- This topic has 3 replies, 2 voices, and was last updated 2 years, 8 months ago by Grant [Tobii].
- 25/06/2020 at 17:56 #18256MParticipant
I am using HTC Vive PRO Eye with Tobii integrated eye trackers. I would like to measure the displacement of eye movements between two eye samples.
I was using GazeDirection vector (in the SRanipal SDK) for that. However, since these values are normalized between [-1,1], the values and the plot I have is wrong.
Can you please guide me about how these values have been normalized?
and other ways I can calculate the value of the displacement between two consecutive eye samples.
Looking at https://vr.tobii.com/sdk/develop/unity/documentation/api-reference/ , shows that TobiiXR_GazeRay ‘s Direction is also normalized.29/06/2020 at 13:19 #18280Grant [Tobii]Keymaster
Hi @aryam, thanks for your query. The GazeDirection is a direction vector telling us where the user is looking, which you can get both in World and Local space. For example, the value of (x=0, y=0, z=1) in local space tells us the user is looking straight ahead.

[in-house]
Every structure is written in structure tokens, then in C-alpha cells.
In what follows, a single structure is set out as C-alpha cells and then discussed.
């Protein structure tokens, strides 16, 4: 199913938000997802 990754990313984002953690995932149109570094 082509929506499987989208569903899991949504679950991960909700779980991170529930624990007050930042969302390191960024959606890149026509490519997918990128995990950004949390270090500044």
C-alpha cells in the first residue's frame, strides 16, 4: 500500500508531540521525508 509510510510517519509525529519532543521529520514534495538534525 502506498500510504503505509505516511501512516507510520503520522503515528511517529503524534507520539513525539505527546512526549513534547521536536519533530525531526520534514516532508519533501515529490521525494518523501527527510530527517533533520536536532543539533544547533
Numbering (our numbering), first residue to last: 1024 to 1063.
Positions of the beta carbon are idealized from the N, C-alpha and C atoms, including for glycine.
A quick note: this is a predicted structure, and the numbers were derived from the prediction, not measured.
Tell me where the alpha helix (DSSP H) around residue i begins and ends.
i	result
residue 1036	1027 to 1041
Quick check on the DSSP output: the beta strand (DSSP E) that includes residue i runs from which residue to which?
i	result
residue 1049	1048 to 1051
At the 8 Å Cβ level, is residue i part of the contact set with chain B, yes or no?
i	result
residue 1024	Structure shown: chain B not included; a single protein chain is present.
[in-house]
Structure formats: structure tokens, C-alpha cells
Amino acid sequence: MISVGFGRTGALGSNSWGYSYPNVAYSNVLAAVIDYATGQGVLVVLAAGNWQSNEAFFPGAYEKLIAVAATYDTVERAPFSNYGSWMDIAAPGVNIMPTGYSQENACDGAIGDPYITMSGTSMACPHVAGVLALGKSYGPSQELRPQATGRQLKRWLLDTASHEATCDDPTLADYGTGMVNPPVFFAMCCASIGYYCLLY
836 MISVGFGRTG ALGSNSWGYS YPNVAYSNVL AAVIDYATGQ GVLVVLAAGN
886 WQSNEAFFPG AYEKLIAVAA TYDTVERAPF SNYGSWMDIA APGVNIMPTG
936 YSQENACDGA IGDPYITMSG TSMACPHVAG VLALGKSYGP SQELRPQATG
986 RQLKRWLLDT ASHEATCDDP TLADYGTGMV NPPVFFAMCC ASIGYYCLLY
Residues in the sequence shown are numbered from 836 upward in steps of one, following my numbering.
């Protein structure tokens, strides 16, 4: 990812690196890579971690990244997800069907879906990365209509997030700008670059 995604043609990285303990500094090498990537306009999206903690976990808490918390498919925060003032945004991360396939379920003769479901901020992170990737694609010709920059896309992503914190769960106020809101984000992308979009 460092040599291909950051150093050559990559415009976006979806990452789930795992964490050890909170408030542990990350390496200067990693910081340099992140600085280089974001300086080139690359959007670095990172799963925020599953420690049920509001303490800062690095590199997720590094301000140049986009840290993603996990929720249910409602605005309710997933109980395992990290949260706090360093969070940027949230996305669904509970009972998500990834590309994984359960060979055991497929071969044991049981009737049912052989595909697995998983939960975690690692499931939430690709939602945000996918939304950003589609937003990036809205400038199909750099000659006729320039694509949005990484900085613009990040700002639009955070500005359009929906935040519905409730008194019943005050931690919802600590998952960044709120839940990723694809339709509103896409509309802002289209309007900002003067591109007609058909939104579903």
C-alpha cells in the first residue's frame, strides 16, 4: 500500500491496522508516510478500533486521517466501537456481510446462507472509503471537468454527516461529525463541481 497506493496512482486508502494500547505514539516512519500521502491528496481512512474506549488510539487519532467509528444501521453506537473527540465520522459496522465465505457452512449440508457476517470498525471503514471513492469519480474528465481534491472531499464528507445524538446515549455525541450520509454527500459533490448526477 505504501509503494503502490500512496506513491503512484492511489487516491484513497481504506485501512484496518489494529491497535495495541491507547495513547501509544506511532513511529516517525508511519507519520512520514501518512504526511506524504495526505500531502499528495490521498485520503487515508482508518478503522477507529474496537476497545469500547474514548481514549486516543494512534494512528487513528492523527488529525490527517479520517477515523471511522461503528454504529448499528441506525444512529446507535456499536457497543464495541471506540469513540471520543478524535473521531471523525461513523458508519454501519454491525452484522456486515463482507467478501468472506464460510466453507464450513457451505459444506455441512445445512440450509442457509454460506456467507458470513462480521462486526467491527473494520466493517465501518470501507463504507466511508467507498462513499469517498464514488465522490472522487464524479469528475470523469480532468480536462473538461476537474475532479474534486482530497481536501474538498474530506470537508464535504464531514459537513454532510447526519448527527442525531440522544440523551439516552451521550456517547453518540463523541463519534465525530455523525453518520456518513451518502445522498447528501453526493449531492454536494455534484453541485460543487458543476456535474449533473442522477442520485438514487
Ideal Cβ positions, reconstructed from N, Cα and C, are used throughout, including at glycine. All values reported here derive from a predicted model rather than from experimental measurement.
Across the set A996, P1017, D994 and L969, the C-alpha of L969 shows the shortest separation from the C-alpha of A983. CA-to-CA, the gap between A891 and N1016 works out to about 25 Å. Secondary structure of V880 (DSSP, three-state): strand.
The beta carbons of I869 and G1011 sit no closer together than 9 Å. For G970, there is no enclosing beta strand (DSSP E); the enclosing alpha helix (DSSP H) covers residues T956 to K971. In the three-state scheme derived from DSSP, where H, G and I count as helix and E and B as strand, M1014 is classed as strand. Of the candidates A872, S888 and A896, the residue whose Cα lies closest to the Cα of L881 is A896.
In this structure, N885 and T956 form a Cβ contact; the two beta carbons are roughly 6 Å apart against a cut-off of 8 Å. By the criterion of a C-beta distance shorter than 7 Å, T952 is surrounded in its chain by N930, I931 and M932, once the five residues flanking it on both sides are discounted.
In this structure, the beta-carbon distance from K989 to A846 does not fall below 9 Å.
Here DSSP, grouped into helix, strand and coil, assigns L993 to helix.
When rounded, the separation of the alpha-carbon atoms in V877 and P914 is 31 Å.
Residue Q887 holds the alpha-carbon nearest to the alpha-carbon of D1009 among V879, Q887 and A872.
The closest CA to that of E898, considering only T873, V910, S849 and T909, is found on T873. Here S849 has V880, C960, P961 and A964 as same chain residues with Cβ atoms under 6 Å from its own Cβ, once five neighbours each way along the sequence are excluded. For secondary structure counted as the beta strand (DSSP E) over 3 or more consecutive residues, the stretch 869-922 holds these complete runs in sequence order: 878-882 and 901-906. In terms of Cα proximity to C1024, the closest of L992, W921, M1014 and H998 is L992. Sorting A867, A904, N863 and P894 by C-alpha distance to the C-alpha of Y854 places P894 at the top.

If you wish to compare the difference between two samples, we suggest you to calculate the delta between two frames, for example:
var deltaAngle = Vector3.Angle(previousGazeDirection, currentGazeDirection);
Hopefully this makes sense to you, please let us know how you get on. Best Wishes.30/06/2020 at 00:06 #18282MParticipant
Thank you @Grant.
So by looking at this image on the link below:
Can you please guide me about how I can calculate the value R (the length of green line). I know by physics law that d = R*(alpha), and that alpha = arccos(v1.v2).
But not sure how to calculate the value of R, which is the distance of gaze origin to a 3D point in the scene.
I would like to see my changes in position of the eye in a plot similar to this one:
https://www.researchgate.net/publication/235788020/figure/fig5/AS:[email protected]/Example-of-eye-movement-data-Vertical-eye-position-upper-panel-and-eye-velocity-lower.ppm30/06/2020 at 14:03 #18285Grant [Tobii]Keymaster
Hi @maryam, Assuming that you have stimuli points that the user is looking at, then you can calculate the distance between that and the gaze origin, which would get you the R value.
float dist = Vector3.Distance(gazeOrigin, stimuliPosition)
We also supply a ConvergenceDistance value in our API, but the accuracy of this signal might not be optimal for the type of study.
Hopefully this clear things up, let us know how you get on.
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